And then there's the Pac 12, the other major conference with a dedicated network. Actually, in the Pac 12's case, it's a series of linked regional networks. Despite, or perhaps because of his Genghis Khan-like lust for new territory to conquer, Pac 12 commissioner Larry Scott has been extremely smart about the launch of the Pac 12 Network. The Pac 12 is isolated geographically, isolated by its west coast/mountain time zones and has a more... let's say casual fans than the denizens of SEC and Big 10 country. So Scott knew he needed a platform to preach Pac 12 sports, and the Pac 12 Networks gave him that platform.
So where does that leave the Big 12? Squashed in the center of the country, bounded by the Big 10, the Pac 12 and the SEC on all sides. Each conference with a network, with a dedicated channel to promote their brand.
Make no mistake; the Big 12 is sitting on solid ground at the moment. The $26.2 million the Big 12 handed out to each of its members in 2012 was best in the country. Top-to-bottom, the Big 12 is the toughest football conference in the country, sending nine members to bowl games last year. And Big 12 football and basketball is some of the most fast-paced, high scoring in the country. These are excellent attributes.
But an exciting brand of sports only gets a conference so far. Remember the BCS run the Hawaii Warriors made in 2007? They played a thrilling, up-tempo brand of football, and the first time most of the country saw them play was when they were getting their asses handed to them by Georgia in the Sugar Bowl. They played in the WAC, a now-defunct football conference, a league that had no real way of promoting its teams, other than the broadcasting scraps the conference received from ESPN and Fox.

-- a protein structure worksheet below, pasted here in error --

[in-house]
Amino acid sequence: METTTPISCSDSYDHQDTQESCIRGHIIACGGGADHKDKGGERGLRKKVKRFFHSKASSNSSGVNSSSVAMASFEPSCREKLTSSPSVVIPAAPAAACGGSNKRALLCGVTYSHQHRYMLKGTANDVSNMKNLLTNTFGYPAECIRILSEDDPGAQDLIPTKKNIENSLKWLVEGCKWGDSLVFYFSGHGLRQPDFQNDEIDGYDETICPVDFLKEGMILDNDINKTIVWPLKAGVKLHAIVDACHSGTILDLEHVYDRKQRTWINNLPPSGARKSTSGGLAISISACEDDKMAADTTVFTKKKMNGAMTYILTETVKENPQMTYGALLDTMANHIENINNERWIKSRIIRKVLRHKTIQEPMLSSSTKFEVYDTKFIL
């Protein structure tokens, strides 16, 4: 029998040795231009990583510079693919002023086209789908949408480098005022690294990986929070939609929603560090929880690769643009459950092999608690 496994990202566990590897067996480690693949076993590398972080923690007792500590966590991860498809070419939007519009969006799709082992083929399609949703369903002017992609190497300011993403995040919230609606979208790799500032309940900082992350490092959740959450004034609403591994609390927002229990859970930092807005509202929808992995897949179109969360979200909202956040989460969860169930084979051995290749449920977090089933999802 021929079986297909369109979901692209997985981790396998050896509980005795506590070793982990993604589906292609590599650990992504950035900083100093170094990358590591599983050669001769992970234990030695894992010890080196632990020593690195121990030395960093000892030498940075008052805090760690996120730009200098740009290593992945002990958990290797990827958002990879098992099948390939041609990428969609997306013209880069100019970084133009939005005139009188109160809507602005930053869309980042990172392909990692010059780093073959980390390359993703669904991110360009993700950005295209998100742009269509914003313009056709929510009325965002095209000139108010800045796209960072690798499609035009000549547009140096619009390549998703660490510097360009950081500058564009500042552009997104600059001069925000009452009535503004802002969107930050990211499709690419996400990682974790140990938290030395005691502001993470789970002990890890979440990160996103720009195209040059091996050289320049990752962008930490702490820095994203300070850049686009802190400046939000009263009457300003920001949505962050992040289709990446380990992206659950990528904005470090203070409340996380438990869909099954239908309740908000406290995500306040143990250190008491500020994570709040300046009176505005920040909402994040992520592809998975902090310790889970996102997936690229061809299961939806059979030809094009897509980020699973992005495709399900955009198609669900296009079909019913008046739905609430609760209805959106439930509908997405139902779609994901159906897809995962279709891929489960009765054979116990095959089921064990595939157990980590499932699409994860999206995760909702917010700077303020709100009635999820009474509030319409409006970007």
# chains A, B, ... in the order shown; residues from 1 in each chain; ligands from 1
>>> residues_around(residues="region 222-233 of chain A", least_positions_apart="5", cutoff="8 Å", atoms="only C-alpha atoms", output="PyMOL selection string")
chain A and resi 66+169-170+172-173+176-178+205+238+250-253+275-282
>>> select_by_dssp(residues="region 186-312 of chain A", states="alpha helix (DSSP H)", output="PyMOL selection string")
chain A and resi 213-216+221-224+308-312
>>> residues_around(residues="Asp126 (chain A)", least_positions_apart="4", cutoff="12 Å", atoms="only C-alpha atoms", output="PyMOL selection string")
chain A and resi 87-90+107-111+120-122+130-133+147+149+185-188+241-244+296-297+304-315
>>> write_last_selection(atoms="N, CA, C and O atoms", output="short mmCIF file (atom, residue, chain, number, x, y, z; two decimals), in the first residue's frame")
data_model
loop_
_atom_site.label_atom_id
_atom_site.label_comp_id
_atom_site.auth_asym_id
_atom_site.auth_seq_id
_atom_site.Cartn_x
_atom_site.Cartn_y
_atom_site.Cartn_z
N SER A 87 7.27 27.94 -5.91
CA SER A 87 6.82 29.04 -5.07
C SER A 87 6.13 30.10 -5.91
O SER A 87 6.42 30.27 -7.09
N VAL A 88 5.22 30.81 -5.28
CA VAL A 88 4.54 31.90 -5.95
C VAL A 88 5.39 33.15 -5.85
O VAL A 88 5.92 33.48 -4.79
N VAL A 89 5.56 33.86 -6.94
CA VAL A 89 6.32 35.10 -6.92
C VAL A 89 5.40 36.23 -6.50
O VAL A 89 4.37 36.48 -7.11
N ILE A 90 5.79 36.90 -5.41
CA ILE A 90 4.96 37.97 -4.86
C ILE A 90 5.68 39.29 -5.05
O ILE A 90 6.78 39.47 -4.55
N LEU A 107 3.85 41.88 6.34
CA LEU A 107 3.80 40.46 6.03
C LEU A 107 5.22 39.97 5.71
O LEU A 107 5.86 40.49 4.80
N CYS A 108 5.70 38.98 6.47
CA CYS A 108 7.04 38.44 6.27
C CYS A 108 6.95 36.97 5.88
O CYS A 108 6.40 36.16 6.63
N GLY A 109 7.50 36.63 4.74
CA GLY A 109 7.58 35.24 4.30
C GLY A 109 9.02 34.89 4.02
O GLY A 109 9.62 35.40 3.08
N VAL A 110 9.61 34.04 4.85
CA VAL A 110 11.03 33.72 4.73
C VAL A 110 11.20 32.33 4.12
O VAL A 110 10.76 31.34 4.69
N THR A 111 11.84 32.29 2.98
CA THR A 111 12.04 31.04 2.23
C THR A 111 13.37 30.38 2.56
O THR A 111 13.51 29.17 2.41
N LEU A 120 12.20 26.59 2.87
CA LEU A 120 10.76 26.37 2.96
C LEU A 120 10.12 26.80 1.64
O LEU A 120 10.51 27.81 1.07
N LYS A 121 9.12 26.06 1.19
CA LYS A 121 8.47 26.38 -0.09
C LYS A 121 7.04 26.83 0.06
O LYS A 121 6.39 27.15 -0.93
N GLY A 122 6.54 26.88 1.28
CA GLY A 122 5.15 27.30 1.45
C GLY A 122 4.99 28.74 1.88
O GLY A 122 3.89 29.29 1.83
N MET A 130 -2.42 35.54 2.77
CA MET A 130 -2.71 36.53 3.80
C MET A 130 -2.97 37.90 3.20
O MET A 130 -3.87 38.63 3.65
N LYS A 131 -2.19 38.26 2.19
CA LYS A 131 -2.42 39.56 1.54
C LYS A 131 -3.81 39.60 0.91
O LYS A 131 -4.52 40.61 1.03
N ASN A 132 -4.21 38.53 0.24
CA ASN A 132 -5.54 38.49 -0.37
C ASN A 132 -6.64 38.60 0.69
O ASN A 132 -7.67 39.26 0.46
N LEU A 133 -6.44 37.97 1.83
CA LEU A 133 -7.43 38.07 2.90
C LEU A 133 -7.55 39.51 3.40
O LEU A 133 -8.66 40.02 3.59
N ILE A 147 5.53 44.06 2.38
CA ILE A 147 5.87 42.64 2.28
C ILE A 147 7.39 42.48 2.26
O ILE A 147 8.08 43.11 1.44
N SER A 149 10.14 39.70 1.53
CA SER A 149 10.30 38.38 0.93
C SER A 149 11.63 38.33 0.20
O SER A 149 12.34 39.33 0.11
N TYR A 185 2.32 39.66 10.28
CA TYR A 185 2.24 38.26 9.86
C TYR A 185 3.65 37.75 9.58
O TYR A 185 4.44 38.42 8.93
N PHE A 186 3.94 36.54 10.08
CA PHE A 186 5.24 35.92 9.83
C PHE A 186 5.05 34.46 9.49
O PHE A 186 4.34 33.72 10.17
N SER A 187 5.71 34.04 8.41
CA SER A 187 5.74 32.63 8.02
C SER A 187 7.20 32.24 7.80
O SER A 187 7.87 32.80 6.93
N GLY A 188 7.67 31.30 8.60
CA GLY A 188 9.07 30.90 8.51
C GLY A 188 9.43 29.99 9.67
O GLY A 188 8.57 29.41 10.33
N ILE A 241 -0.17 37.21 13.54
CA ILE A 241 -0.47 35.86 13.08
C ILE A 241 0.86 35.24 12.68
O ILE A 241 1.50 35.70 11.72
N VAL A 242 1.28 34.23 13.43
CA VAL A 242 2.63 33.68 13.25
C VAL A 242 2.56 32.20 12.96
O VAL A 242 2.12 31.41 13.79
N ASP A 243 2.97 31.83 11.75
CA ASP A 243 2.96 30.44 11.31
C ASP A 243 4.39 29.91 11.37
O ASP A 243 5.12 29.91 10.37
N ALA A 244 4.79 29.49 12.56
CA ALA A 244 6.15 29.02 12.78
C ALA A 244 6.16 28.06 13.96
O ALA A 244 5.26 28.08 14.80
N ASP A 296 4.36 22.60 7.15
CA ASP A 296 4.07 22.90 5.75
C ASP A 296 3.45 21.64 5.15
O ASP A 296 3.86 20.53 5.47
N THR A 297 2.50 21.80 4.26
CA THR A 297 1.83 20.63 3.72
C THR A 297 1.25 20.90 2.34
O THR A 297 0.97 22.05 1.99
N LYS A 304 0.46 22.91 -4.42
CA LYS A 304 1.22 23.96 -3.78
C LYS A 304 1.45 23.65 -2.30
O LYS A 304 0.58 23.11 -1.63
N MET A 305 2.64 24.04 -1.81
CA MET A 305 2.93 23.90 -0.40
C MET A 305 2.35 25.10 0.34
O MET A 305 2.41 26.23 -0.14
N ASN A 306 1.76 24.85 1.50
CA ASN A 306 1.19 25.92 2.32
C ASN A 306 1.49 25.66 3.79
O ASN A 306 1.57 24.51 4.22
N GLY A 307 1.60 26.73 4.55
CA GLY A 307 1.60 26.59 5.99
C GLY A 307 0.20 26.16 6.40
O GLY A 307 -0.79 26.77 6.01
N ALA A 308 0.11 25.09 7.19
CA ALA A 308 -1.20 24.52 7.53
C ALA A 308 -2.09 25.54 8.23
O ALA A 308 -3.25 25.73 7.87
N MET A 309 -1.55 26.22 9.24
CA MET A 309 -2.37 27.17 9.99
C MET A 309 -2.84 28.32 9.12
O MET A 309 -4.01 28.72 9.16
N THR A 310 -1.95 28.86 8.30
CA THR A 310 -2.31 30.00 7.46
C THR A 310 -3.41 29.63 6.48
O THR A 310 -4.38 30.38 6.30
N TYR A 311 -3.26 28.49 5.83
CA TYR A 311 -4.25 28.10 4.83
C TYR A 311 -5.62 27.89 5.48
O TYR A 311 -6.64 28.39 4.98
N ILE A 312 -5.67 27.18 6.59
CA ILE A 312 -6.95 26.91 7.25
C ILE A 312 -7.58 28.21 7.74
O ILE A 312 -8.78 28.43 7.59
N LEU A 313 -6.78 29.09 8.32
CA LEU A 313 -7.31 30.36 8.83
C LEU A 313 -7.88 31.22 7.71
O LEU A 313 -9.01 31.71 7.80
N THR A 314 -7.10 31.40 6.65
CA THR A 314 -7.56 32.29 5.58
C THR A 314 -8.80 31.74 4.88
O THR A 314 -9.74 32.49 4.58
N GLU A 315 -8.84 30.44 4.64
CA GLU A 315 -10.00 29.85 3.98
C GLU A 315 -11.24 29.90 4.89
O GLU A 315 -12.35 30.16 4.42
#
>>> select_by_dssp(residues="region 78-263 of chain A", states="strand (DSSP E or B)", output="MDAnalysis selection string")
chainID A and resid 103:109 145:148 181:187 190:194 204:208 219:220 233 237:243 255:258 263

So right now, the Big 12 is doing just fine at getting its teams broadcast on TV (certainly much better than it was a few years ago). But the conference is falling behind in the ancillary marketing, the appeal to the average fan. The Big 12 needs to find new ways to promote its teams, and itself as an institution. A dedicated network could provide the solution, and unite the conference in the process.
Because from the start, the Big 12 has been an uneasy merger between the old-school Big 8 and the crumbling, corrupt Southwest Conference. The league barely survived two major rounds of realignment in consecutive years, losing four teams and adding two. This is a conference that needs to do everything in its power to shore up its foundation.
But the leadership of the Big 12 schools and current commissioner Bob Bowlsby seem content to stick with the status quo. That might be the best course of action; university presidents, athletic directors and Bowlsby have quite a bit more information about the vagaries of television deals and conference realignment than the average fan. In ten years, history may prove that the Big 12's individual ownership of third-tier rights could end up being the best course of action.
But it doesn't seem like it at the moment. At the moment, it seems like the Big 12 is just treading water, getting outflanked by other conferences just waiting for the Big 12's grant-of-rights to expire in 2025.
And the Big 12 could model its network on the Pac 12 network, allowing members to retain third tier rights and control content on an individual station, while providing Big 12 content and games for the overarching network. A conference network wouldn't solve all the problems that exist in the Big 12. But it would go a long way to promoting the Big 12 as a brand, unifying the member institutions and raising perceptions that the Big 12 is a conference that's here to stay.